Penelope claims that an ice fairy is stranded at the ice skating rink, the only cold place in town, but Mackenzie cannot see it though she can sense it. The owner of the rink is tired of living in the cold and is looking to shut the rink down, causing the temperature in the rink to rise and threaten the life of the fairy. Chloe comes up with two near-disastrous ideas for saving the fairy, but Mackenzie realizes all they need to do is make it snow so the fairy can be get out from the ice rink and to a more comfortable location. With the help of the local fortune teller Mackenzie helps Chloe in enchanting an "angel summoning spell" (actually a magical girl theme song), which, through the power of Chloe's will, temporarily transforms Penelope into an angel that can make it snow. The fairy returns home after a parting conversation with Chloe, with it being very heavily implied that they share a requited crush.
Episode 4 - Assault. The tragedy of a past grudge
Penelope claims that a murder happened at the circus in town, though it is only a flea circus, and it's actually an assault. Apparently, the circus used to be a larger attraction, but when it shut down, many of the performers took up residence in town. Mackenzie investigates to find that something did attack the fleas, though initially suspecting a flea as the culprit. However, the supposed culprit flea ends up near-dead himself, in a supposed locked room attack. This leads to an initial speculation of self-inflicted injury, however Mackenize deduces that a human sized culprit could have picked up the box the flea was in and shaken it to cause the injuries. When a large anvil nearly kills all the fleas, the trail leads to Dover, one of the ex-performers. His old circus act, animating tattoos on his back, was ruined due to a flea bite, and has been out of work since, and thus took revenge on the flea circus to try to get back into stardom. Dover tries to kill a flea, however, Mackenzie is able to stop him. Unfortunately, the circus ringleader accidentally kills it anyway.

Following the successful resolution of all four cases, Cromwell informs Mackenzie that she has been accepted into the Great Detective Society. However it transpires that he mistakenly submitted Mackenzie's "Touch List" instead of her investigation report. She is given the official title of "Touch Detective" as a result, to Mackenzie's shame.


Touch Detective
Aggregate score
GameRankings65% (28 reviews)[3]
Review scores
GameSpy     [8]

As of March 4, 2007, Touch Detective has an average rating of 65% from GameRankings,[3] with most critics praising the presentation of the game, but panning the actual gameplay. IGN notes that "the visual style is awesome, the presentation is great, and the audio is extremely entertaining", but otherwise the game "is littered with confusing puzzles, uninformative AI, and an overall shallow experience."[10]


A sequel, Touch Detective 2 ½, was released in North America on October 9, 2007.

In Japan, the character of Funghi became widely popular and a Funghi Gardening Kit (おさわり探偵 なめこ栽培キット, Osawari Tantei: Nameko Saibai Kitto, or simply Mushroom Garden) game was released for the iPhone and iPad on June 30, 2011,[11] and for Android on December 21, 2011.[12][13] It released a "Seasons" version on December 2, 2011,[14][15] which became the number 1 app in the App Store in Japan the following week.[16] By the end of 2011, Seasons had been downloaded 1 million times from iTunes and the Android version, released around the same time, had reached 200 thousand downloads within a week of its release.[17] By March 2012, Beeworks began selling character goods for the various different Funghi.[17][18]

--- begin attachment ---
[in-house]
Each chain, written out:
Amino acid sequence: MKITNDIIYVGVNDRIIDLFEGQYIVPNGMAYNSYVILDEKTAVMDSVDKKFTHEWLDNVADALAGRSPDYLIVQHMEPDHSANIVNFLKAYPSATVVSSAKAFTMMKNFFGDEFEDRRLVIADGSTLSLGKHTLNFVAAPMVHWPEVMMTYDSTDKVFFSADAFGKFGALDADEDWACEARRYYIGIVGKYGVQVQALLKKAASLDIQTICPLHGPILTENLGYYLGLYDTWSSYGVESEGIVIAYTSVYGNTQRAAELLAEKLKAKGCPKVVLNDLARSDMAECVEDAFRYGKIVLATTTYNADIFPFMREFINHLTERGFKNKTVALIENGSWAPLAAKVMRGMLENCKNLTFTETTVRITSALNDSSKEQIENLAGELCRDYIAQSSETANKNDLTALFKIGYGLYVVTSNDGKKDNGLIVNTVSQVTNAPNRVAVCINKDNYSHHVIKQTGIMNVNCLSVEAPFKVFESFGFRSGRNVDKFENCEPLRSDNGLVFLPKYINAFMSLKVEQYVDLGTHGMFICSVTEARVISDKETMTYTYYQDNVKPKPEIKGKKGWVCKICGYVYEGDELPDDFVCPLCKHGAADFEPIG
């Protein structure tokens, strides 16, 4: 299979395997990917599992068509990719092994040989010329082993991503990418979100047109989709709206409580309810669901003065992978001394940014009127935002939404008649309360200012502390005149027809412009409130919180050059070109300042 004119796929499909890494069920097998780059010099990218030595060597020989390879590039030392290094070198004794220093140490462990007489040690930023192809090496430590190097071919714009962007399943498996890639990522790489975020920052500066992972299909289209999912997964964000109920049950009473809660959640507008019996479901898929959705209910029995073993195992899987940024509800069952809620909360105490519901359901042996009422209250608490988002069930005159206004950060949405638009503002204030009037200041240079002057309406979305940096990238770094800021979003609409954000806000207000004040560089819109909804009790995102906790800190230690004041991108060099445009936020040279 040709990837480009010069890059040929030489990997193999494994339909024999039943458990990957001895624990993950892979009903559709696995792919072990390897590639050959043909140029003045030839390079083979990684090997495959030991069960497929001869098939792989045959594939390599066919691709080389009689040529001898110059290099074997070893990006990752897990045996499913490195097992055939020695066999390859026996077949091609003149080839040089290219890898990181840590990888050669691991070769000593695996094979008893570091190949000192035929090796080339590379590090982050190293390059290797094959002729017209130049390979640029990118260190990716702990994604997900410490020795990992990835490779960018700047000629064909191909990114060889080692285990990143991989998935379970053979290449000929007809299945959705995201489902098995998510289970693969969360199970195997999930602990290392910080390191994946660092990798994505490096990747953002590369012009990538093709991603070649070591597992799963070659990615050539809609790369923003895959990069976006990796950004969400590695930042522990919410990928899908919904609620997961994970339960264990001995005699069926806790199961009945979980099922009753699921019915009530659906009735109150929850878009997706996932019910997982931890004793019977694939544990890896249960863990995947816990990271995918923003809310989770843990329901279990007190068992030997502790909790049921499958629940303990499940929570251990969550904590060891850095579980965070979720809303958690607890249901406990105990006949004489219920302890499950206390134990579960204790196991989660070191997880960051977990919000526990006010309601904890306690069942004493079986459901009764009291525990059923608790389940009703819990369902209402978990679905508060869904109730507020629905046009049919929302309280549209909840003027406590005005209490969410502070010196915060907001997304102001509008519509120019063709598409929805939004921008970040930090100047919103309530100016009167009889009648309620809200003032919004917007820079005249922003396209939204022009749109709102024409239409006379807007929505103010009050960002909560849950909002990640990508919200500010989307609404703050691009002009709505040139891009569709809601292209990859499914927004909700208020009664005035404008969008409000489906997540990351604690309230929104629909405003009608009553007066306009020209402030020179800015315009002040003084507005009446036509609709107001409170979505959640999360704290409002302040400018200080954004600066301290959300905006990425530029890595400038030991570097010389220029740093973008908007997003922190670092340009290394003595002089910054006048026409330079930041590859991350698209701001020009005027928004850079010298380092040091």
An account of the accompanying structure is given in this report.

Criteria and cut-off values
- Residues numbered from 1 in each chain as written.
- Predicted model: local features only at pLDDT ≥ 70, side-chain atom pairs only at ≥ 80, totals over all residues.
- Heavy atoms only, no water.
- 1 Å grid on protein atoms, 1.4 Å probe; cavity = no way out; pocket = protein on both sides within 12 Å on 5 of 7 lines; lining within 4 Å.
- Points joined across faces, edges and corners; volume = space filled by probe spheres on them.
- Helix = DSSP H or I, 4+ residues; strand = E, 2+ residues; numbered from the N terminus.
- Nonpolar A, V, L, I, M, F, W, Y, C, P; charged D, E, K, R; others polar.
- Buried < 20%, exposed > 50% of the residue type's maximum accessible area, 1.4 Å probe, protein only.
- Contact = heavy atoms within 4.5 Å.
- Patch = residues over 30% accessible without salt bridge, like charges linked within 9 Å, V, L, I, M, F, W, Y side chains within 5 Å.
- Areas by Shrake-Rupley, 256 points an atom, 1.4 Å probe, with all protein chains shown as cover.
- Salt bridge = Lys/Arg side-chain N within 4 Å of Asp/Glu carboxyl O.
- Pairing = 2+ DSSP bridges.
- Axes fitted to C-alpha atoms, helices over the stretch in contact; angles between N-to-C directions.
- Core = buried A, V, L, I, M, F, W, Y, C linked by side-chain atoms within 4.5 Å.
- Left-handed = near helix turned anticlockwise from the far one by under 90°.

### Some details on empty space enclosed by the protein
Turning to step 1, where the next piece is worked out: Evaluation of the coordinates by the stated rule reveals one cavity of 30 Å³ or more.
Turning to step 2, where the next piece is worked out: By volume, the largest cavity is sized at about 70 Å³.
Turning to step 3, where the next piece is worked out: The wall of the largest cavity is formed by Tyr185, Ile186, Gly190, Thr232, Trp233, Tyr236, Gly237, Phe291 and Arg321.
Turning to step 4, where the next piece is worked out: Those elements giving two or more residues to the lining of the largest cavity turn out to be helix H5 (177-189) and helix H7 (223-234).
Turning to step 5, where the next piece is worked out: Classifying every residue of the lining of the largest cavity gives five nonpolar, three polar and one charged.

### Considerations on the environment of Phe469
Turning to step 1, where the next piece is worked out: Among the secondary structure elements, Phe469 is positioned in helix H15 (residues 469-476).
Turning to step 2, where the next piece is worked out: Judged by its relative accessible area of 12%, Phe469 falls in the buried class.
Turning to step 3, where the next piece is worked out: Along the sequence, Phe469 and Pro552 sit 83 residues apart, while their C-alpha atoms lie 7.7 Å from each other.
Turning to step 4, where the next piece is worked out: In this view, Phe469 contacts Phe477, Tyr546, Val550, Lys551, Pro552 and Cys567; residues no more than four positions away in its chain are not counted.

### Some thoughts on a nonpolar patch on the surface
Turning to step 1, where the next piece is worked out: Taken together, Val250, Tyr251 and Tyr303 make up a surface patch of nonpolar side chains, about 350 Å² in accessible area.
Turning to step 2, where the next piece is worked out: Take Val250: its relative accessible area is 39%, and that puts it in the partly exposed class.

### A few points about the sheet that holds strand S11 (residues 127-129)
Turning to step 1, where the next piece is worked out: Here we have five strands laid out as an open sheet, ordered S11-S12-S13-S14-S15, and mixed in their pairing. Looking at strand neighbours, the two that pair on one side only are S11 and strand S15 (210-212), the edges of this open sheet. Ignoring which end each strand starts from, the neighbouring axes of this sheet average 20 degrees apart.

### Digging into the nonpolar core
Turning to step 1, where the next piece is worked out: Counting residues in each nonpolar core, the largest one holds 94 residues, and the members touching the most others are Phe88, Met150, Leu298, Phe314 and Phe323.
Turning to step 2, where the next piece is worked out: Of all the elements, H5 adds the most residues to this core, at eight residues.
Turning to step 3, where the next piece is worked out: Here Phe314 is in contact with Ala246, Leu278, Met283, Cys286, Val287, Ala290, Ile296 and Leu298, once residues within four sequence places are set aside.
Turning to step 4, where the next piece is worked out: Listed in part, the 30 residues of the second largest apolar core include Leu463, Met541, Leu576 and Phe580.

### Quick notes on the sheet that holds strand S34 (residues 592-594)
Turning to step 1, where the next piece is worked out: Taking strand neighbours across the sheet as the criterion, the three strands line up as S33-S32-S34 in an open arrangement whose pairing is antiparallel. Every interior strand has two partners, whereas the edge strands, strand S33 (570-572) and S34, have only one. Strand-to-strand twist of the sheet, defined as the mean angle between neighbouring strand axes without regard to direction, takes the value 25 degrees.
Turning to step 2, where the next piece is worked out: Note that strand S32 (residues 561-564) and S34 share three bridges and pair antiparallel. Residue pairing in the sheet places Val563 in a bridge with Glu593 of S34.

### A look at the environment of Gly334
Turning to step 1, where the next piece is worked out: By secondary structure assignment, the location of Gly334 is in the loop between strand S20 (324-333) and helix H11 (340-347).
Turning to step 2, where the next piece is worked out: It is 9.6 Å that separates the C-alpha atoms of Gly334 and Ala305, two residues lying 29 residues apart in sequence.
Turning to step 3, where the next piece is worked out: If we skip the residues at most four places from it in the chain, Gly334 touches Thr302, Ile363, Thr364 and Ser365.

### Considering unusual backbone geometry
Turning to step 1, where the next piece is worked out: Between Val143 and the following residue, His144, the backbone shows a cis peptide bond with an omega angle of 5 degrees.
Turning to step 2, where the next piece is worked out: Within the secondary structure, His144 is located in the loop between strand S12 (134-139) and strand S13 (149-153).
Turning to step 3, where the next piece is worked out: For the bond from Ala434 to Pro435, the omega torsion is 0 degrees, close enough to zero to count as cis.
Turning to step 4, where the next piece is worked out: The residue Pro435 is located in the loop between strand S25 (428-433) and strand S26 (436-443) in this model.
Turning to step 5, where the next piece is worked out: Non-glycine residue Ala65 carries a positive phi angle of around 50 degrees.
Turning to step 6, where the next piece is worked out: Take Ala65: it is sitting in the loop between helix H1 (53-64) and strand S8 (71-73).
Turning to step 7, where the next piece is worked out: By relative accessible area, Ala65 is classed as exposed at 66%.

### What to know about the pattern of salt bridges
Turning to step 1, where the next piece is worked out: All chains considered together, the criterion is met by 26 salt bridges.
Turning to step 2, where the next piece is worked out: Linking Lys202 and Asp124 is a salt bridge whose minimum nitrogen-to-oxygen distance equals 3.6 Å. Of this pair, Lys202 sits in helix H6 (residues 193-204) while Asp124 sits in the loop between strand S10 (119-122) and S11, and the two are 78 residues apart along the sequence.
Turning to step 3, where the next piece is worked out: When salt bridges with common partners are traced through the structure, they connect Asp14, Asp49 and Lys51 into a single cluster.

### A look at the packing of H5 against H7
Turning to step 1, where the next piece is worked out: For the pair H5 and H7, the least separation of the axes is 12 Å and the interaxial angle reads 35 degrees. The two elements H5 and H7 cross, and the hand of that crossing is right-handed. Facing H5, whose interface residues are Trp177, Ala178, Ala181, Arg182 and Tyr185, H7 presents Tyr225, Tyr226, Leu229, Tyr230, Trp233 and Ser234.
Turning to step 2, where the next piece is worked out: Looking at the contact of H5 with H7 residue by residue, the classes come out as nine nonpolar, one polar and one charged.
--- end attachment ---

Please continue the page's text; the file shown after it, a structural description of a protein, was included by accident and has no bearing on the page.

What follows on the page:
A spin-off called Osawari Tantei Nameko Daihanshoku was released for Nintendo 3DS in 2013,[19] while Touch Detective Rising 3: Does Funghi Dream Of Bananas? was released in Japan in May 2014.[20]


  1. ^ "Touch Detective for iOS Released August 4, 2011". Anime News Network. August 4, 2011. Retrieved 2011-10-13.
  2. ^ a b Hopper, Steven (2006-10-24). "Touch Detective Review". GameZone. Archived from the original on 2009-08-15. Retrieved 2009-06-07.
  3. ^ a b "Touch Detective for DS". GameRankings. Retrieved 2009-06-07.
  4. ^ Parish, Jeremy (2006-10-24). "Touch Detective Review". Archived from the original on 2010-01-05. Retrieved 2009-06-07.
  5. ^ Tsao, Jennifer; Dudlak, Jon (November 2006). "Touch Detective Review". EGM. p. 141.[permanent dead link]
  6. ^ Reed, Jess (2006-10-18). "Touch Detective Review". G4. Retrieved 2009-06-07.
  7. ^ Navarro, Alex (2006-11-22). "Touch Detective Review". GameSpot. Retrieved 2009-06-07.
  8. ^ Turner, Benjamin (2006-10-23). "Touch Detective Review". GameSpy. Archived from the original on 2009-08-16. Retrieved 2009-06-07.
  9. ^ Kemps, Heidi (2006-10-17). "Touch Detective Review". GamesRadar. Retrieved 2009-06-07.
  10. ^ a b Bozon, Mark (2006-10-24). "Touch Detective Review". IGN. Retrieved 2009-06-07.
  11. ^ "Beeworks Games". Beeworks Games. Retrieved 2013-07-01.
  12. ^ "Beeworks Games". Beeworks Games. Retrieved 2013-07-01.
  13. ^ "【アプリ紹介】レアなめこを育てよう♪「おさわり探偵 なめこ栽培キット」 – スマホガール". Archived from the original on 2012-07-07. Retrieved 2013-07-01.
  14. ^ "なめこ栽培キットの最新作『おさわり探偵なめこ栽培キット シーズンズ』が配信開始! 2011/12/02(金) 13:32:04 [サーチナ]". Retrieved 2013-07-01.
  15. ^ "ビーワークス、四季折々の「なめこ」を栽培できる新作アプリiOS「おさわり探偵 なめこ栽培キットSeasons:雪」を無料配信 - GAME Watch". Retrieved 2013-07-01.
  16. ^ 2011年12月17日 09時00分. ""なめこ"栽培アプリがApp Store週間チャート1位に |ニュース|オリコンCSランキング". Retrieved 2013-07-01.
  17. ^ a b "「なめこ」が絶好調!iOS『なめこ栽培キット Seasons』100万DL、Android『なめこ栽培キット』20万DL突破 | インサイド". 2000-08-24. Retrieved 2013-07-01.
  18. ^ "なめこ、上野に襲来。 ― 撮影会も行われた「春のなめこ市」をレポート | インサイド". 2000-08-24. Retrieved 2013-07-01.
  19. ^ "A Puzzle Game For Touch Detective Fans And Funghi". Siliconera. 2013-02-03. Retrieved 2013-09-29.
  20. ^ "Touch Detective Rising 3 Is In Development For Nintendo 3DS". Siliconera. 2013-05-28. Retrieved 2013-09-29.